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Church-Planting

Last Monday, our seminary community was shocked by the sudden death of professor Jannie Swart. Despite having only served on the faculty at PTS for a year, his loving and enthusiastic faith had transformed the culture of the entire campus. The Lord used Jannie in such powerful ways that even people he never met were compelled to come to Friday’s memorial service.

My first encounter with Jannie was the day he approached me at the New Wilmington Mission Conference in 2013 and said, “We have to teach a church planting class together.” Jannie drew people into relationships in such a way that we couldn’t help but be implicated in whatever he was doing. Soon three other friends and colleagues had joined us and we planned the course I wrote about here.

Anyone who met Jannie felt as though they had made a new close friend. For me, Jannie was a friend, but also a colleague. We co-led the Church Planting Initiative at Pittsburgh Theological Seminary and served on Pittsburgh Presbytery’s New Church Development Commission together. We only worked with each other formally for less than a year, but I am forever thankful for the time I spent laboring under his guidance.

On Thursday, my co-pastor and I attended the memorial service at the church which Jannie had pastored in Oil City, PA, before coming to teach in Pittsburgh. Friends, parishioners, and colleagues all shared testimonies about the love, joy, and zeal which marked Jannie’s ministry. One person recalled having once asked Jannie why he gave himself with such devotion to his ministry. Jannie’s response: “I really believe this stuff!”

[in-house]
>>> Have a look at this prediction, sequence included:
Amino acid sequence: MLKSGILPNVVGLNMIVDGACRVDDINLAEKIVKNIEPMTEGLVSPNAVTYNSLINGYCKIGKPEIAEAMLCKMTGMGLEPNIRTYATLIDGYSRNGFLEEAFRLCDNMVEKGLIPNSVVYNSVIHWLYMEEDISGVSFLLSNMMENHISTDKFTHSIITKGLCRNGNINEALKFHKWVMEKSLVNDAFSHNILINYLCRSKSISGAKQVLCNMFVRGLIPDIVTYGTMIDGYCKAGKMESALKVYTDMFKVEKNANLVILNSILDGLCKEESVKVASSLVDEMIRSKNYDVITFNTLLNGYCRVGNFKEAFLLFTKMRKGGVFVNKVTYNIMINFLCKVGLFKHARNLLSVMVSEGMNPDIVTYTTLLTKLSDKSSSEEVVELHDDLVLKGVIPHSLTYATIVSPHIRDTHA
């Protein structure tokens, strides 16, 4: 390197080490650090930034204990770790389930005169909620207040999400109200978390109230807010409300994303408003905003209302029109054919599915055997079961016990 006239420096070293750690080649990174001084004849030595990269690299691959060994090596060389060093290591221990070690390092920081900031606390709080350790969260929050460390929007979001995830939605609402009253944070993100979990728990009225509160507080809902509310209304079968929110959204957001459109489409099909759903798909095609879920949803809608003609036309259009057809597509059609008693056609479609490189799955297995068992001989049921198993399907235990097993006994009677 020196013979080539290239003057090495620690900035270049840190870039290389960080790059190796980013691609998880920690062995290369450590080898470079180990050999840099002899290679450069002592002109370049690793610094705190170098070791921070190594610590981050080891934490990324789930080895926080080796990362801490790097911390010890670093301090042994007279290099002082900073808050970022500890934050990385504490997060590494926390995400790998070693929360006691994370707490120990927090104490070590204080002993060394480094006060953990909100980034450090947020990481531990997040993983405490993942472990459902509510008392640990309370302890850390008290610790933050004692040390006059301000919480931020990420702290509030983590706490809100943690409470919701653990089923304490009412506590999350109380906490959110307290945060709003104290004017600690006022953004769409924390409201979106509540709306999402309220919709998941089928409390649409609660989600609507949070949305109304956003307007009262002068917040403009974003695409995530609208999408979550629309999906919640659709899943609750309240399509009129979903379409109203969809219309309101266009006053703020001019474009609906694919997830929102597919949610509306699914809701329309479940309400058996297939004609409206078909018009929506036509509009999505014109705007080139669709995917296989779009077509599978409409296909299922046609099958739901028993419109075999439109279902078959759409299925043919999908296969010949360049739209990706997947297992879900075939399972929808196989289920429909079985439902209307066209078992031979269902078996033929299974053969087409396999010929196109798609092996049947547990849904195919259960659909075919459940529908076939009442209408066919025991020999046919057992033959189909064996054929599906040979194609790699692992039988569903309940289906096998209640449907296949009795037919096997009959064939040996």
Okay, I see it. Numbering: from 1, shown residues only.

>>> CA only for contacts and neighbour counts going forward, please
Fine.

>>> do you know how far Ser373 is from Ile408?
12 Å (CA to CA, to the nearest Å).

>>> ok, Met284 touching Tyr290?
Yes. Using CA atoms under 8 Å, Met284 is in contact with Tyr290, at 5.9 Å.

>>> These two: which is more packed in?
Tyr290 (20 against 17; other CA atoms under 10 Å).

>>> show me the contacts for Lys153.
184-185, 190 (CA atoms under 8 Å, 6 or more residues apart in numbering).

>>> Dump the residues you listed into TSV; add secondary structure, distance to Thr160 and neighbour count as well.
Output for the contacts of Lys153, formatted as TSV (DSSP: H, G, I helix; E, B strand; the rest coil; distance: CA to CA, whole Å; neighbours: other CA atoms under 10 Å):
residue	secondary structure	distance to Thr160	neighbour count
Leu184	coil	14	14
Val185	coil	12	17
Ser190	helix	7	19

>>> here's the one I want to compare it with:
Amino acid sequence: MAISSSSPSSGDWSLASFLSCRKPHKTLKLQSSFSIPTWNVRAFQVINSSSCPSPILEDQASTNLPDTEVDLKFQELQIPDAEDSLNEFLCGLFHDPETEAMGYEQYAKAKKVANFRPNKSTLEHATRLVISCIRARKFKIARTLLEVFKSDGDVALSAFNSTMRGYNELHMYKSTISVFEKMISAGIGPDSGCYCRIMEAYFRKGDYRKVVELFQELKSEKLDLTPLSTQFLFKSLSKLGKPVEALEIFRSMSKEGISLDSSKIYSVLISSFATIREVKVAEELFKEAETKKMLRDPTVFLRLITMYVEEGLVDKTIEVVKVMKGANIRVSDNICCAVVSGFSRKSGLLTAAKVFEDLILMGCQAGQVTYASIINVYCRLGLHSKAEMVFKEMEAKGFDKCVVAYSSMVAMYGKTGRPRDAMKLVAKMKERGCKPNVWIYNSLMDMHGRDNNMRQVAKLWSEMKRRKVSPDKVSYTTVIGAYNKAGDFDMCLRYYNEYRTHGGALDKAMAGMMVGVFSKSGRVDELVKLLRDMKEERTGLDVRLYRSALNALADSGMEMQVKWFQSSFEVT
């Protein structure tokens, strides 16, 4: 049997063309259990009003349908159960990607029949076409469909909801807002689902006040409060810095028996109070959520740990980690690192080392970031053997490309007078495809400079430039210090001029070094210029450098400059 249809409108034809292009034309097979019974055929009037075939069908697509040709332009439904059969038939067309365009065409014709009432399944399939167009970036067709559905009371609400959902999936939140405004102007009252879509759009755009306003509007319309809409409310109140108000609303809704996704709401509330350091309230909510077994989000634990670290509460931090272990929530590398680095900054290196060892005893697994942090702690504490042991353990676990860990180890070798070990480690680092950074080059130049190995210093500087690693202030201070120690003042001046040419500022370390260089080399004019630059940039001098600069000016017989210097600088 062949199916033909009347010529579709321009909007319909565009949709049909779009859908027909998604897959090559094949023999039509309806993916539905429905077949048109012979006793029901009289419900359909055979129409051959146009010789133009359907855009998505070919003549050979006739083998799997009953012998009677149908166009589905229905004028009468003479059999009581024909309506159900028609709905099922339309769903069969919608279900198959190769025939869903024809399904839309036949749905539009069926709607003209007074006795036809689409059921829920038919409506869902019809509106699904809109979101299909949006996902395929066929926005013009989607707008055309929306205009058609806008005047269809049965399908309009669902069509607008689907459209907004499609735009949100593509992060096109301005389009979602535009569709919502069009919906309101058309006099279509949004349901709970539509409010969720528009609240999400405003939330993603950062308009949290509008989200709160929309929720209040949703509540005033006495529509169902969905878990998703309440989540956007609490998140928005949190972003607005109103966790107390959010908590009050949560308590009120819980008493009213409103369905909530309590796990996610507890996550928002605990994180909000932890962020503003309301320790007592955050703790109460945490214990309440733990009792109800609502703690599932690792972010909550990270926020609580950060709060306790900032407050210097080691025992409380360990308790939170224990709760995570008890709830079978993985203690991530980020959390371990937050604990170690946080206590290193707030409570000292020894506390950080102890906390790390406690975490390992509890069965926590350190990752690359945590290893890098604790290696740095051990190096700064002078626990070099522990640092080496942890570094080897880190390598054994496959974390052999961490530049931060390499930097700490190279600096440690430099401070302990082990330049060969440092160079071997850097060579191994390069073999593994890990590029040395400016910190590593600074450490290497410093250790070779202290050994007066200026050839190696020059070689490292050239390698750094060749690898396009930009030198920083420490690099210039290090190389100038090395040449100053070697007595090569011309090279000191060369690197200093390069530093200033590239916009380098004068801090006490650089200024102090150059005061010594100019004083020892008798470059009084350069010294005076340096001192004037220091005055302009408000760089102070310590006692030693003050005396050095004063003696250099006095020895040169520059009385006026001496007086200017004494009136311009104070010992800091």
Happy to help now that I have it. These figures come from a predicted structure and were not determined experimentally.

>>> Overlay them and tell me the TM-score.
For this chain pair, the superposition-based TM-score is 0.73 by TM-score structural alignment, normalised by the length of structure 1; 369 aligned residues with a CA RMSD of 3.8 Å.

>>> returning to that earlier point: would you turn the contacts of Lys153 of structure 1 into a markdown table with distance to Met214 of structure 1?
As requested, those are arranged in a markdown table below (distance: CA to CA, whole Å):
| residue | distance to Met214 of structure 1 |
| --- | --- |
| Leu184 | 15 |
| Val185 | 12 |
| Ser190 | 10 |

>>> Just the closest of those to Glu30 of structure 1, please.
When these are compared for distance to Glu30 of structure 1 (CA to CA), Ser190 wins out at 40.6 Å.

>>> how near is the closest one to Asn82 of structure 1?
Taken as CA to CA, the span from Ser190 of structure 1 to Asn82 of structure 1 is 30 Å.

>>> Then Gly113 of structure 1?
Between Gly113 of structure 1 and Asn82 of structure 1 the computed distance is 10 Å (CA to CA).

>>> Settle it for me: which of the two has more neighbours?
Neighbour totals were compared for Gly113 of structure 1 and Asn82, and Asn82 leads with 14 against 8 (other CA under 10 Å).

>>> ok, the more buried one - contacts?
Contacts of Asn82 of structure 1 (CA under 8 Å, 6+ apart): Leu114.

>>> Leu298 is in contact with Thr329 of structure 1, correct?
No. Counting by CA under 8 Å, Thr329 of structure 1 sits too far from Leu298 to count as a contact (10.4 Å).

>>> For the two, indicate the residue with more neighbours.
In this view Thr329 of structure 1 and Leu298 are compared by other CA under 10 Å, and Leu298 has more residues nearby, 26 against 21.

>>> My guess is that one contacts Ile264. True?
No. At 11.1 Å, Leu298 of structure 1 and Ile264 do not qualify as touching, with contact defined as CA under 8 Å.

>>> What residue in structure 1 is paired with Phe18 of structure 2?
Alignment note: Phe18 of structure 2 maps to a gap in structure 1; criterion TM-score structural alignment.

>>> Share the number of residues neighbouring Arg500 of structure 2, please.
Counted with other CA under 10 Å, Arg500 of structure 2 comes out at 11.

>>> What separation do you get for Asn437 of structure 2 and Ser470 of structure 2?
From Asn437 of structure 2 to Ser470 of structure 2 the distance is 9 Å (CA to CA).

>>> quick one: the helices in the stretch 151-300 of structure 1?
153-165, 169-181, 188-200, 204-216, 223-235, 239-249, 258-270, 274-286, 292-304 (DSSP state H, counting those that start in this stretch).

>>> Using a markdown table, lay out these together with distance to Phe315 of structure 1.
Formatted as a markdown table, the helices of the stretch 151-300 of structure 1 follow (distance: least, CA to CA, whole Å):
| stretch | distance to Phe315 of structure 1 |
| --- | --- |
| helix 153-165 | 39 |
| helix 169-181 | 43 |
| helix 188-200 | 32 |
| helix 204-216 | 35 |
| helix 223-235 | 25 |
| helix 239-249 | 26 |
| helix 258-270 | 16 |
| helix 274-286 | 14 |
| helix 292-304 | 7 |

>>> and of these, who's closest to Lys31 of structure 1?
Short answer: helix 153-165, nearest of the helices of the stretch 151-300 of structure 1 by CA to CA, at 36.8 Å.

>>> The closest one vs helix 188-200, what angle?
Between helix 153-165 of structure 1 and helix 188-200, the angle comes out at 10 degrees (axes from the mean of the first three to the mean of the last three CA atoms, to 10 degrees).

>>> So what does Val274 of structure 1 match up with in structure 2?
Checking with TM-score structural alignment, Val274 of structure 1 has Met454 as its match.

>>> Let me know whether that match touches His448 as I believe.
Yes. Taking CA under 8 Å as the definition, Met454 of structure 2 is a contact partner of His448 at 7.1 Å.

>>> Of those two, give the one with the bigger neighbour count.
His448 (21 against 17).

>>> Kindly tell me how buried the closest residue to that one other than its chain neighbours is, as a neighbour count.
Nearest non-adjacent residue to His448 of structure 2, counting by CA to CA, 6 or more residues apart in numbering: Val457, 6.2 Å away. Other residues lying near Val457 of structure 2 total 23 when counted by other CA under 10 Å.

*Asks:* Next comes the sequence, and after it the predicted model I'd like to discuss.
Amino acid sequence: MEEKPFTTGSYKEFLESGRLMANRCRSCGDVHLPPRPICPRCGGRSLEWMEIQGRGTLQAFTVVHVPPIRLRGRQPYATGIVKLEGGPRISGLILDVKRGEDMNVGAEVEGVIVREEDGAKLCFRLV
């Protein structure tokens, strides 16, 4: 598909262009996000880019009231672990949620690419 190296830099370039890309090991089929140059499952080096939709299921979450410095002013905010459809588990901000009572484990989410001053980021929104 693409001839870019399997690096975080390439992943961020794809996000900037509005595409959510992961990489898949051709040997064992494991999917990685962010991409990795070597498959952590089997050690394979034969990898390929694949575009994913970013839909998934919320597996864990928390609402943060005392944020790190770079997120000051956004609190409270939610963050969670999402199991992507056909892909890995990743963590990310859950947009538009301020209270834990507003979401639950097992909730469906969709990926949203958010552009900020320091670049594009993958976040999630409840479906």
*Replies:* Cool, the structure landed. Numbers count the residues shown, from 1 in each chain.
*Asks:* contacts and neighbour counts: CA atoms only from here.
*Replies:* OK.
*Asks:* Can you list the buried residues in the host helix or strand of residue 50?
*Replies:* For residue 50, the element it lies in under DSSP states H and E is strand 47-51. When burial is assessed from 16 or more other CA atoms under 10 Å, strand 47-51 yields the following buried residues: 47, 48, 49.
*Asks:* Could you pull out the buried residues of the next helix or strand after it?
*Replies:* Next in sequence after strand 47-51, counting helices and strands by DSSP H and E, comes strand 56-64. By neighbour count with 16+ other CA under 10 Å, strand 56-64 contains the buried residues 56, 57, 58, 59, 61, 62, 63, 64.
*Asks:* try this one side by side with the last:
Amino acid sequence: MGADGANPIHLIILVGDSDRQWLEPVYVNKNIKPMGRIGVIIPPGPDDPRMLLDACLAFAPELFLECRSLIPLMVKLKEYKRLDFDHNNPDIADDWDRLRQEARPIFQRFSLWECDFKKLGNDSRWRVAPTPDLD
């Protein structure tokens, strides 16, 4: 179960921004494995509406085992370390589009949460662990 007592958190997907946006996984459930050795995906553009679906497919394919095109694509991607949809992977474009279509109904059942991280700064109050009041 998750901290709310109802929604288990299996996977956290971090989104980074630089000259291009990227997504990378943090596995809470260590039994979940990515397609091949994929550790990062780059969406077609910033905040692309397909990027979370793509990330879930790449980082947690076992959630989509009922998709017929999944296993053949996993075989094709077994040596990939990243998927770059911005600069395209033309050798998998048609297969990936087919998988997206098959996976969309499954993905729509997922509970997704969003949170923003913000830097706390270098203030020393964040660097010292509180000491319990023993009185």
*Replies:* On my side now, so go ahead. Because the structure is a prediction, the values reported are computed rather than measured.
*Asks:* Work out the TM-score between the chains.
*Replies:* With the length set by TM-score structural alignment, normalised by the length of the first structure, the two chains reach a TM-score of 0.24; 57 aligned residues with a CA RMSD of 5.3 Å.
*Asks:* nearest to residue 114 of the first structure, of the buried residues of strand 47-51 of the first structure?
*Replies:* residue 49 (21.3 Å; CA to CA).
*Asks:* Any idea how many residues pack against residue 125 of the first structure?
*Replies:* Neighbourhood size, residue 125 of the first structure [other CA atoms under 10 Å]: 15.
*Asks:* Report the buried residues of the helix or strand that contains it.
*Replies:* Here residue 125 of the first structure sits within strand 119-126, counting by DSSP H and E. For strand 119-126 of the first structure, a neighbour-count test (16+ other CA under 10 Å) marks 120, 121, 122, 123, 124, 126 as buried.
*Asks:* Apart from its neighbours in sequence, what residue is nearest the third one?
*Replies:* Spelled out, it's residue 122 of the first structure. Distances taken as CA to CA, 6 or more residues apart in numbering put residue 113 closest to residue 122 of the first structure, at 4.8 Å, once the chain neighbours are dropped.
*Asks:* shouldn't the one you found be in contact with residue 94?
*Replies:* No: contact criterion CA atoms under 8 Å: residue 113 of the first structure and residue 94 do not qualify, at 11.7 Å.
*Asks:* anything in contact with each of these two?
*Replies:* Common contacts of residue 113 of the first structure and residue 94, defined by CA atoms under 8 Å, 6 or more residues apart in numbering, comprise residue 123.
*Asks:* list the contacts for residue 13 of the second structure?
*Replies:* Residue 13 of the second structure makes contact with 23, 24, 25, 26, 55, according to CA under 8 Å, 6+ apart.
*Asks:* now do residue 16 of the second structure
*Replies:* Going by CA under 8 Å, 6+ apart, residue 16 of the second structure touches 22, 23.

He really believed this stuff. That Christ’s death and resurrection had conquered sin and death. That the Gospel called us to be reconciled not just to God, but also to one another. That the two greatest commandments truly ad simply are to love the Lord your God and love your neighbor as yourself.  He really believed this stuff.

And he didn’t just believe it in sermons or books. Jannie believed it in ordinary conversation and daily life. That’s what set Jannie apart. Many of us in the Church believe this stuff when we’re preaching or writing or counseling. But Jannie believed it every minute of every day. Every word he spoke radiated confidence that God was alive and active in the present moment. He spoke and lived with an awareness of the reality of God, not just when he was teaching, but when he was sharing a beer with you, or receiving your hospitality, or spontaneously stopping by your office to say hello and share his joy.

It was this spirit of true belief that Jannie called us to when he preached at the PC(USA)’s Evangelism and Church Growth Conference one month ago. His sermon there has been recalled many times in the past week because of his exhortation to laugh at death. I remember the very beginning of the sermon, though: He began by running up to the baptismal font and asking if we really believed that Jesus Christ is living water. If we really believed that fullness of life is to be found in relationship with Jesus, our hearts would be overflowing with desire to share that love with the world (John 7:38). This is the gift I received in Jannie Swart: a friend and colleague who knew the love of God in the depths of his being, and from whose heart flowed streams of living water. Thanks be to God for a man who really believed this stuff.

It was a hectic morning. I’d overslept, our sixteen-month-old daughter had awakened early, and our small family was grasping for order amid the chaos of what promised to be another busy day. Trying to occupy her attention, I said,  “Why don’t we read a book?” She pointed at the bookcase, said “Book!” and proceeded to grab a copy of the Jesus Storybook BibleI opened the pages and started reading aloud. Most of the language was still far above her head, but it went straight to my heart. With a sigh of relief I thought, It’s refreshing to simply be told a story about Jesus.